Congress Eyes New Rules For Inherited IRAs - Aaron Skloff, AIF, CFA, MBA - CEO Skloff Financial Group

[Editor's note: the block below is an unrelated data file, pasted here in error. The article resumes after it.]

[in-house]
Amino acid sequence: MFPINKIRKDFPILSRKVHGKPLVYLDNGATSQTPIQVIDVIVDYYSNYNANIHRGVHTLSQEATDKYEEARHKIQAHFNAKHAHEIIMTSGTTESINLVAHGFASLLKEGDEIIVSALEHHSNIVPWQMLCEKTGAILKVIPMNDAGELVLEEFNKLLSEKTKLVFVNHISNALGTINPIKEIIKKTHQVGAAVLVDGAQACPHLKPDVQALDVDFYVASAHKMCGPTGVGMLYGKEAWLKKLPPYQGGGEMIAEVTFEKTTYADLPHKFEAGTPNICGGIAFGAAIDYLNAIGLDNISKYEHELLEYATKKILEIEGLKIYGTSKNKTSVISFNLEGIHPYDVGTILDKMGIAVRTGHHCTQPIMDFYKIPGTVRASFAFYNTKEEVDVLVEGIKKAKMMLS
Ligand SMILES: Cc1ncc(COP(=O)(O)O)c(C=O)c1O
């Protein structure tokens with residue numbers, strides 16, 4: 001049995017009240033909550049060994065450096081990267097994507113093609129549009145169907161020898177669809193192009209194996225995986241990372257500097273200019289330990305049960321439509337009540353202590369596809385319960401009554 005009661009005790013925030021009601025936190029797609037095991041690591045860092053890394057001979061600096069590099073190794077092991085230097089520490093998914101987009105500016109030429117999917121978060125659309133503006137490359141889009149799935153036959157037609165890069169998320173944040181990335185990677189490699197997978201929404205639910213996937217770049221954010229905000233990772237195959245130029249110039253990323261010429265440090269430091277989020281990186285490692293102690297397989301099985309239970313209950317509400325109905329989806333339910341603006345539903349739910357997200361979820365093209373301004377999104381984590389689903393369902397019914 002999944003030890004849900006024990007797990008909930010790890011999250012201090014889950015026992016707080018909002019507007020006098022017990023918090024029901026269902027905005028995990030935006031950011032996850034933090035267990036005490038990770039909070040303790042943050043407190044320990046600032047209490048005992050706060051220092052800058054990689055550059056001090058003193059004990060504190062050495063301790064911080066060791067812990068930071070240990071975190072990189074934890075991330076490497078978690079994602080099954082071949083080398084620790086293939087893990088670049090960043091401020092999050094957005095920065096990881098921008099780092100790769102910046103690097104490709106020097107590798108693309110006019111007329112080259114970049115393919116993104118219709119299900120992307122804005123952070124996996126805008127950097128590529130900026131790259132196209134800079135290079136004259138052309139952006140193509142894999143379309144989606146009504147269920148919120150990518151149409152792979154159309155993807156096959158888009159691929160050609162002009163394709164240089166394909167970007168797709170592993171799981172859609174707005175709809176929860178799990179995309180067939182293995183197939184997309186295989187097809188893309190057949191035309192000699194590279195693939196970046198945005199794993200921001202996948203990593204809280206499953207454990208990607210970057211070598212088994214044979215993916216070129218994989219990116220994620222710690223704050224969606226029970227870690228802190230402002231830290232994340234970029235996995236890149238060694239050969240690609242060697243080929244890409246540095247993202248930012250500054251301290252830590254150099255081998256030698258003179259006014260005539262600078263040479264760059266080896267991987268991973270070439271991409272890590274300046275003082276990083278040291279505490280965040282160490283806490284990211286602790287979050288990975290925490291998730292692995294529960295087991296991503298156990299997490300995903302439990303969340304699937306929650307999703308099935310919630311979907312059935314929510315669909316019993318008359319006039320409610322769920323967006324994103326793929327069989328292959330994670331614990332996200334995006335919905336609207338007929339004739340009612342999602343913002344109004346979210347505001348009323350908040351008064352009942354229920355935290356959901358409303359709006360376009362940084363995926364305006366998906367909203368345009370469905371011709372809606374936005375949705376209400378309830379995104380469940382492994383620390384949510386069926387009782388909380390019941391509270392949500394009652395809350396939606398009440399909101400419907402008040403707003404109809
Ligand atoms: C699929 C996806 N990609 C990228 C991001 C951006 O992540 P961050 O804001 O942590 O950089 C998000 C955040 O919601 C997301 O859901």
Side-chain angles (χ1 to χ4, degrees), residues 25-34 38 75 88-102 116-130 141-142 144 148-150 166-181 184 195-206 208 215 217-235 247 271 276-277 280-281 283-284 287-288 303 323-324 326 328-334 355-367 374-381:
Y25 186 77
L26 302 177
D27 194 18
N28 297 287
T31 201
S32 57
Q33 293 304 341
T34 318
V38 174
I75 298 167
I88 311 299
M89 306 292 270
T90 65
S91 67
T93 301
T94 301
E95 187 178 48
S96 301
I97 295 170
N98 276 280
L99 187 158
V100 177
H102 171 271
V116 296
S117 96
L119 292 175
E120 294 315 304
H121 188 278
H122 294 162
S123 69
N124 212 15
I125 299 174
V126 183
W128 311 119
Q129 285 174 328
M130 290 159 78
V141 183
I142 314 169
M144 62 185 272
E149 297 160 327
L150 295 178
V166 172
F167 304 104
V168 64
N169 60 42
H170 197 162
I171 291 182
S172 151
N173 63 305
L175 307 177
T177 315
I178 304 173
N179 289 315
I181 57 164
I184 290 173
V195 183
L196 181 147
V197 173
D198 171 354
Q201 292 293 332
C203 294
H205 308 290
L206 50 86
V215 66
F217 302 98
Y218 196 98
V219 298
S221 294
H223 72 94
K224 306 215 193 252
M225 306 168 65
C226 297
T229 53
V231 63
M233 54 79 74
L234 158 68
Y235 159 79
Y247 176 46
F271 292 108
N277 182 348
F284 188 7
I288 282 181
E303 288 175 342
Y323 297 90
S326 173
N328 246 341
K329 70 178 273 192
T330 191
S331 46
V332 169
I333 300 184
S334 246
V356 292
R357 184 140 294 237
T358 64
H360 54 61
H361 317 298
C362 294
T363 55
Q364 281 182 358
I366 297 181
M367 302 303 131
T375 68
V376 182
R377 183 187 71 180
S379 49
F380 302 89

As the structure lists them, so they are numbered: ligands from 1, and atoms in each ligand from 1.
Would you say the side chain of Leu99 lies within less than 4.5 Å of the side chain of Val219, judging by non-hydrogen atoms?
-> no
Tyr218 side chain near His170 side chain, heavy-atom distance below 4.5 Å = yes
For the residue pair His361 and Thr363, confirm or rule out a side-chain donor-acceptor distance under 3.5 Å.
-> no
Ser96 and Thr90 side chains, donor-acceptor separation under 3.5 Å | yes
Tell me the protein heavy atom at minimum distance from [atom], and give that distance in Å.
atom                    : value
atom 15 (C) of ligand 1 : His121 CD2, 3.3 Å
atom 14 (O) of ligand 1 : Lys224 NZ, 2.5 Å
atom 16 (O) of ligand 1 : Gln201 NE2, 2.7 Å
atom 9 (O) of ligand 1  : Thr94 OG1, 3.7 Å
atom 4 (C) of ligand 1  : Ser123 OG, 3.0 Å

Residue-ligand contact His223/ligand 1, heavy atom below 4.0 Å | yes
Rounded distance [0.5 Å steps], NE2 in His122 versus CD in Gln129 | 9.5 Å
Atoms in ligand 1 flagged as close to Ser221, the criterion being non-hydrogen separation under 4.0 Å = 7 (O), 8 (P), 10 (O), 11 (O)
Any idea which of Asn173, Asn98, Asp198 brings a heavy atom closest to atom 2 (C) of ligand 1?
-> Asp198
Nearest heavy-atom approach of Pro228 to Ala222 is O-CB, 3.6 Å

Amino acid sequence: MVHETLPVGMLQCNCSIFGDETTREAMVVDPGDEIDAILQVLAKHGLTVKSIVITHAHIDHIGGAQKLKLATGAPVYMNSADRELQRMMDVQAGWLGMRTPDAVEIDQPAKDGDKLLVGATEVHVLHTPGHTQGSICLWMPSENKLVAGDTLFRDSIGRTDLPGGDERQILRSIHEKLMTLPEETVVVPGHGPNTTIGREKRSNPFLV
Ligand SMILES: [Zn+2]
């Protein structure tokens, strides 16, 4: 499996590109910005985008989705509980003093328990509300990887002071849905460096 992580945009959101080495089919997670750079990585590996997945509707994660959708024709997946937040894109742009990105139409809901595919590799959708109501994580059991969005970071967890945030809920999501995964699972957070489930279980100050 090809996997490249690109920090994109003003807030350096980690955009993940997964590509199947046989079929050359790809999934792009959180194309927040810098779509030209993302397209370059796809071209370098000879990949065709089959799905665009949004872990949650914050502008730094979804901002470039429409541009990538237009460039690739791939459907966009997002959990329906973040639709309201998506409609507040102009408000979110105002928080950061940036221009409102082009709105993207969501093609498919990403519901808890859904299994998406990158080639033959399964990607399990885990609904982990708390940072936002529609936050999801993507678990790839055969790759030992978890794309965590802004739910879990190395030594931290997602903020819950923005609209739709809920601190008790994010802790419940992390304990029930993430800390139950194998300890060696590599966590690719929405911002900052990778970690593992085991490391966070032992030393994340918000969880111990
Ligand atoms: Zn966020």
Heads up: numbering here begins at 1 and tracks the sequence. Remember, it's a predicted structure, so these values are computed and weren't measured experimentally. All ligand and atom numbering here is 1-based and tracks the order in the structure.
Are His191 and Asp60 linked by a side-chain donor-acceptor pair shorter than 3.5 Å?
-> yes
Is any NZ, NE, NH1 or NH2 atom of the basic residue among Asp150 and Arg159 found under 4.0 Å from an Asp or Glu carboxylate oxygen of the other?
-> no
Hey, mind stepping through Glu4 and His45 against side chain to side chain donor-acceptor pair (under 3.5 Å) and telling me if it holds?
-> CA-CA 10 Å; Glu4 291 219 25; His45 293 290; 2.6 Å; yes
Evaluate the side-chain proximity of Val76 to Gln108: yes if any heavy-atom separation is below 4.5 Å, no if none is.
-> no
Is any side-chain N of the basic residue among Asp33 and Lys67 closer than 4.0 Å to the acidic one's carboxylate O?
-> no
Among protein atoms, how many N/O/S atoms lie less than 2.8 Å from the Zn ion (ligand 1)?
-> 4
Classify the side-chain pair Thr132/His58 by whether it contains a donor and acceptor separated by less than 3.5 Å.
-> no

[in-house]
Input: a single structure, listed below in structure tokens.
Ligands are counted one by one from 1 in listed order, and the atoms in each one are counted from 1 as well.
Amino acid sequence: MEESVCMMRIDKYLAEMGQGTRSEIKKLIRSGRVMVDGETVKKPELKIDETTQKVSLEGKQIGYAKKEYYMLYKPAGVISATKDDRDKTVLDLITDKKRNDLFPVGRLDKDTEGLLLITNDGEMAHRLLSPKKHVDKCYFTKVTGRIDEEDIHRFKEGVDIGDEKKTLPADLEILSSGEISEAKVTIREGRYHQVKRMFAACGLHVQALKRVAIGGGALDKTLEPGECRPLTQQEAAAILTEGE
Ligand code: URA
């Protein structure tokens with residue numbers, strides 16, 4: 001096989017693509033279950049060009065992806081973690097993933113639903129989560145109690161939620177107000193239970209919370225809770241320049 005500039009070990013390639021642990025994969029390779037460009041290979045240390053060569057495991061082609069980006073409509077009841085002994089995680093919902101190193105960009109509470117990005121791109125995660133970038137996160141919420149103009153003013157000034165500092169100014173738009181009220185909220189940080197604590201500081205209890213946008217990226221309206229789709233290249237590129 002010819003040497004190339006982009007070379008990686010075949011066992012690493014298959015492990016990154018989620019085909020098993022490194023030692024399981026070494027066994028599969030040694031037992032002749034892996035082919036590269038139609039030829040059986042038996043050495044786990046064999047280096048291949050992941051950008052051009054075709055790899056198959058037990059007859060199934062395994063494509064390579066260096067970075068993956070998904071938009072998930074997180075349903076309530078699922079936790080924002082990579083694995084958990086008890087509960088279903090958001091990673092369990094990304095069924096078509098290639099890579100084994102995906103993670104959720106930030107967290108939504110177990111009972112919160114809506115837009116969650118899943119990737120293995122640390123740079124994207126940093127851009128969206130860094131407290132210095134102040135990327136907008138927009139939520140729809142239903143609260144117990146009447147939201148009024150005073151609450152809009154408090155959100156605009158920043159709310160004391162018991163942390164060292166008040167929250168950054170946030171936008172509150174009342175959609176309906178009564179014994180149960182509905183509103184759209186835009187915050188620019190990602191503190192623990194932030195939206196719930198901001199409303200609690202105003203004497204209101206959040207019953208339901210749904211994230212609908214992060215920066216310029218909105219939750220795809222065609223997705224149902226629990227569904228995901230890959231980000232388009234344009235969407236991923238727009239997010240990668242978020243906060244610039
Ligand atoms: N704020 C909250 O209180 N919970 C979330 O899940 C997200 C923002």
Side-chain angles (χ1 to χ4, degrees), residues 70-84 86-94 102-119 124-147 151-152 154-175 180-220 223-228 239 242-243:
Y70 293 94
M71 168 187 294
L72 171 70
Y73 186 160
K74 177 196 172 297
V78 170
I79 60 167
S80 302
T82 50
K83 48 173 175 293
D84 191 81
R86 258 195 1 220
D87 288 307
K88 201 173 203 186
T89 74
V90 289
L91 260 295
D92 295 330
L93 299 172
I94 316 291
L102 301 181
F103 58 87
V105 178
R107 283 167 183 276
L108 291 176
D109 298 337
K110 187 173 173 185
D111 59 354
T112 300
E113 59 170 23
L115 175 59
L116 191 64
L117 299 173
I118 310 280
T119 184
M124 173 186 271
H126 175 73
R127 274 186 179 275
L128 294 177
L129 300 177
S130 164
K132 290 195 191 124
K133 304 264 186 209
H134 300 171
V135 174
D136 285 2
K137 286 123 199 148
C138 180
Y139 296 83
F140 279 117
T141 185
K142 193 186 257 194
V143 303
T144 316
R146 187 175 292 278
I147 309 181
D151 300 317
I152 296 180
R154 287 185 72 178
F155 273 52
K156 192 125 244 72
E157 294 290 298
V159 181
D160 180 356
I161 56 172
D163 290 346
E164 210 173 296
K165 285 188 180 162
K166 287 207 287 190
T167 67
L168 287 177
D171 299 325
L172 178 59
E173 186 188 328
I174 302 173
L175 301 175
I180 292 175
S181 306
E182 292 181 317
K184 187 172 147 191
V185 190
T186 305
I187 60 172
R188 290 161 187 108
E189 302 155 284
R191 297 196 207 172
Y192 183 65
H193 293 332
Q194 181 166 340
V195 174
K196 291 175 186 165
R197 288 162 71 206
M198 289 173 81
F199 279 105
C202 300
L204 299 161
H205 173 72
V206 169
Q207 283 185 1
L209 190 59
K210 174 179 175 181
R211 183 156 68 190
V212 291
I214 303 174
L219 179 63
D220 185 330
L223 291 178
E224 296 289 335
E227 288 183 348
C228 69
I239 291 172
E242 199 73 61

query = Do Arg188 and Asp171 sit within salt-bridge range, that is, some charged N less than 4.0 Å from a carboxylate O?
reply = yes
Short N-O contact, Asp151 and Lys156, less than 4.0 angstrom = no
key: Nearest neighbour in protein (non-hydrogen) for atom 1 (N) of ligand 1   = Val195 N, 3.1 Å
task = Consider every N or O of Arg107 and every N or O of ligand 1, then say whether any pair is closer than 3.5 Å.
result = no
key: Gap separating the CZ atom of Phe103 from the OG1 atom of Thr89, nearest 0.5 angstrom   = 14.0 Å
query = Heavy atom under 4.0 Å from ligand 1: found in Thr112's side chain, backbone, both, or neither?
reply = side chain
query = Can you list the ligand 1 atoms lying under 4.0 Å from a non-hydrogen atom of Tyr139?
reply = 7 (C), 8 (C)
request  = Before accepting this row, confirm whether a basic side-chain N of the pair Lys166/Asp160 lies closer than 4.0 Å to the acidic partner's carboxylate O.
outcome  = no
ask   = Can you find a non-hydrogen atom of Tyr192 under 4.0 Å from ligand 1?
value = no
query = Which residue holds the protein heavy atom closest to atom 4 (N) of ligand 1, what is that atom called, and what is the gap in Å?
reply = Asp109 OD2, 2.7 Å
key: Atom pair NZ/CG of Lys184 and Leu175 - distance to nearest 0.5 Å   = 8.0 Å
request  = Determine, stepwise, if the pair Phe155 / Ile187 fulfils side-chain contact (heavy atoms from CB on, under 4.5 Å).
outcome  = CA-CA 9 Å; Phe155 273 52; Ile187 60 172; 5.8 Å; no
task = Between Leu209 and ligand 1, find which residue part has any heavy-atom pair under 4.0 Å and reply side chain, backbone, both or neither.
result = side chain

February 11, 2012 – WEEKEND INVESTOR By Kelly Greene Congress Eyes New Rules For Inherited IRAsA surprise proposal in Congress to drum up tax revenue from inherited IRAs is raising eyebrows—and making some financialadvisers nervous.A Senate Finance Committee proposal floated this past week as part of a highway-funding bill would give heirs five years toempty inherited individual retirement accounts or 401(k)s, which would typically trigger income-tax payments. The rule changecould raise some $4.6 billion in income taxes over the next decade, according to a statement by Sen. Max Baucus (D., Mont.),chairman of the Senate Finance Committee."IRAs are intended for retirement," Sen. Baucus said at a committee hearing on Tuesday. "They are being used by some taxpayersto give tax-free benefits to second, third, maybe even fourth generations."Today, if you inherit an IRA or 401(k), you can stretch withdrawals across your life expectancy, meaning the assets couldcontinue to increase in value, tax-deferred, for decades while you withdraw a relatively small portion each year. Income tax is dueon distributions unless the inherited account is a Roth IRA.February 11, 2012 CommentsImagine you are at the seventh game of the World Series. It’s the ninth inning of the game and your team is two runs behind, witha score of 6-4. Your team’s slugger is at bat, with bases loaded and only one strike on his count. The opposing team’s pitcherdelivers a fastball right down the middle of the plate, but your team’s slugger swings and misses. The umpire yells, “Strike!”Although you are disappointed, you know his next swing will surely be a grand slam – clinching the World Series win.Out of nowhere the Commissioner of Major League Baseball yells, “Game Over!” You, everyone in the stadium and just abouteveryone around the world are convinced the Commissioner has lost his mind. The Commissioner explains, “In the middle of thegame I changed the rules from three strikes makes an out, to two strikes makes an out.” The Commissioner would likely beclassified as insane and his decision overturned.Does the Commissioner’s decision sound absolutely ridiculous? Not as ridiculous as the proposal Congress recently made tochange the rules on Required Minimum Distributions (RMDs) in the middle of the game. Congress, yes – the same Congress youvote in and out of office, has the gall to propose changing the rules on asset withdrawals that are already inside IndividualRetirement Accounts (IRAs). Their proposal would destroy one of the key benefits of IRAs, tax sheltering on remaining balancesafter your death. In the middle of the game Congress is proposing a mere five year window for heirs to take all remainingwithdrawals on inherited IRAs. Is Congress insane?One of the most powerful benefits of IRAs is the flexibility to stretch withdrawals over multiple generations. This stretch canfurther defer the taxation of traditional IRAs and further avoid the taxation of Roth IRAs – allowing your assets to grow on a taxadvantaged basis over multiple generations and simultaneously leaving a legacy. This was a key determinant in taxpayers’decision to contribute to IRAs and continues to be a key determinant for future contributions.Stop this insanity. Write to your congressman or congresswoman, your senators, and Senator Max Baucus (Democrat, Montanaand chairman of the Senate Finance Committee) demanding they remember who they work for – you. Remind them they cannotchange the rules in the middle of the game.Aaron Skloff, AIF, CFA, MBACEO - Skloff Financial GroupAaron Skloff, Accredited Investment Fiduciary (AIF), Chartered Financial Analyst (CFA), Master of Business Administration(MBA), is the Chief Executive Officer of Skloff Financial Group, a NJ based Registered Investment Advisory firm. The firmspecializes in financial planning and investment management services for high net worth individuals and benefits for small tomiddle sized companies. He can be contacted at www.skloff.com or 908-464-3060.